Business Studies Part I
Business Studies Part II

Capital Market

The term capital market refers to facilities and institutional arrangements through which long-term funds, both debt and equity are raised and invested. It consists of a series of channels through which savings of the community are made available for industrial and commercial enterprises and for the public in general. It directs these savings into their most productive use leading to growth and development of the economy. The capital market consists of development banks, commercial banks, and stock exchanges.

An ideal capital market is one where finance is available at a reasonable cost. The process of economic development is facilitated by the existence of a well functioning capital market. In fact, the development of the financial system is seen as a necessary condition for economic growth. It is essential that financial institutions are sufficiently developed and that market operations are free, fair, competitive and transparent. The capital market should also be efficient in respect of the information that it delivers, minimize transaction costs and allocate capital most productively.

Differences between Capital Market and Money Market:

S.No.

Basis

Capital Market

Money Market

1.

Duration

It is a market for long term funds.

It is a market for short term funds whose maturity period is up to one year.

2.

Participants

The main participants in the capital market are banks, financial institutions, corporate bodies, foreign investors and retail investors.

The main participants are institutional investors.

3.

Investment Outlay

Since the cost of securities may be low, the investment can be made in the capital market can be with less capital.

Since the cost of securities may be high, investment in the money market requires huge capital outlay.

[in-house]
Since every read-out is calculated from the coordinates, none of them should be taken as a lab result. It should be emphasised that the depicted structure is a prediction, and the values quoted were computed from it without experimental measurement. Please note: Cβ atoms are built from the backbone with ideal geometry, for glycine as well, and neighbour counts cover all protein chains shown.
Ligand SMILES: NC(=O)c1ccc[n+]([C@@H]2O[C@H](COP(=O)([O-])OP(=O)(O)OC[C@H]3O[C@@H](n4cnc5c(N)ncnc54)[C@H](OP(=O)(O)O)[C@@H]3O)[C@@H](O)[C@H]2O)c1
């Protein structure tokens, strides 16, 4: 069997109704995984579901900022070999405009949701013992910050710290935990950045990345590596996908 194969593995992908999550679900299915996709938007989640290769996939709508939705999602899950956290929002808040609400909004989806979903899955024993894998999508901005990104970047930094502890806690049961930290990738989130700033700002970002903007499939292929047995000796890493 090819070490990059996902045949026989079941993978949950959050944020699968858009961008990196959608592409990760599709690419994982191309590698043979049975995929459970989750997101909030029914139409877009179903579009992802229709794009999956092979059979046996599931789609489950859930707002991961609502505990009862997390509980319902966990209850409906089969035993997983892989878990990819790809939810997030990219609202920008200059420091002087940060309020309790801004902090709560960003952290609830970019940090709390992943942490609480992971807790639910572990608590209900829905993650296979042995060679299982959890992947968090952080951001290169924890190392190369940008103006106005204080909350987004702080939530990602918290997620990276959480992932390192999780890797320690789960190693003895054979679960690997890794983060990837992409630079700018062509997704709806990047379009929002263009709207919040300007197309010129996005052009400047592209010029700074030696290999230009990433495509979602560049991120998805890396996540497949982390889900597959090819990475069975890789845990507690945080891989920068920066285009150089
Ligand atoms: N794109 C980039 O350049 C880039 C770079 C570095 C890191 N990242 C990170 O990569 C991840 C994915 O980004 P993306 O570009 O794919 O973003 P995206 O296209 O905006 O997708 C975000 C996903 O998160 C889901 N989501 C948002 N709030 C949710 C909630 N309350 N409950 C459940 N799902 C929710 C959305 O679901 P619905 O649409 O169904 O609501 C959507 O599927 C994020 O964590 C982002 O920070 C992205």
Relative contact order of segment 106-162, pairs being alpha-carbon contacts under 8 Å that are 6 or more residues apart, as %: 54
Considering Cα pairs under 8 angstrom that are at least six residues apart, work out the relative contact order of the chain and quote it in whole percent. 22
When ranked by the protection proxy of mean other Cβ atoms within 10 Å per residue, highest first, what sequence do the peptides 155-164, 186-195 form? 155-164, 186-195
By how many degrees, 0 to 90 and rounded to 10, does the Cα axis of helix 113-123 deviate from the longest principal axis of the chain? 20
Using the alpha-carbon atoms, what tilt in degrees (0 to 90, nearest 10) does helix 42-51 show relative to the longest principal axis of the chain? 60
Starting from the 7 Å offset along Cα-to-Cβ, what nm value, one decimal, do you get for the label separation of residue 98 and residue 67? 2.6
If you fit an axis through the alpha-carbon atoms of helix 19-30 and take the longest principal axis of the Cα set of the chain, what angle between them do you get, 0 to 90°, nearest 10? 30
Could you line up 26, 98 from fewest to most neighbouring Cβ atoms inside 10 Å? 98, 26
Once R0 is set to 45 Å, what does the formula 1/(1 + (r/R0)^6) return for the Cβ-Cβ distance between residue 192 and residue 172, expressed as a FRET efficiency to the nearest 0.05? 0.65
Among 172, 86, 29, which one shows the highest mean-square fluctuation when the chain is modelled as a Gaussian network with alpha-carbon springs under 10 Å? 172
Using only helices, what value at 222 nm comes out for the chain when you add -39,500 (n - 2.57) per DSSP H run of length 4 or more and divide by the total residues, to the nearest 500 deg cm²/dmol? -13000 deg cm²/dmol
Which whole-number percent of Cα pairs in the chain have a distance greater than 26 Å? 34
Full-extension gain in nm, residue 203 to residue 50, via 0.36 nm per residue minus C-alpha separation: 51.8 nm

4.

Liquidity

The securities in the capital market enjoy good liquidity.

The securities in the money market enjoy high liquidity as The Discount Finance House of India works as a compulsory market maker.

5.

Risk and return

The instruments in the capital market carry high risk as the expected return is high on them.

The instruments in the money market carry low risk as the expected return is low on them.

  1. Bridge financing is the other name used for the funds required to meet floatation costs.
  2. Commercial Papers issued by large and credit worthy companies. The instrument is in the form of an unsecured promissory note and is freely transferable by endorsement. It is sold at discount and redeemed at par. Its maturity period may range from a fortnight to a year. It is also used to meet the short term seasonal and working capital requirements of a business enterprise. For example it is used for the purpose of bridge financing.
  3. Capital Market and Money Market.

Differences between Primary Market and Secondary Market:

S. No.

Basis

Capital Market

Money Market

1.

Duration

It is a market for long term funds.

It is a market for short term funds whose maturity period is up to one year.

2.

Participants

The main participants in capital market are banks, financial institutions, corporate bodies, foreign investors and retail investors.

The main participants are institutional investors.

3.

Investment Outlay

Since, the cost of securities may be low, investment can be made in the capital market can be with less capital.

Since the cost of securities may be high, investment in the money market requires huge capital outlay.

4.

Liquidity

The securities in capital market enjoy good liquidity.

The securities in money market enjoy high liquidity as The Discount Finance House of India works as a compulsory market maker.

5.

Risk and return

The instruments in capital market carry high risk as the expected return is high on them.

The instruments in money market carry low risk as the expected return is low on them.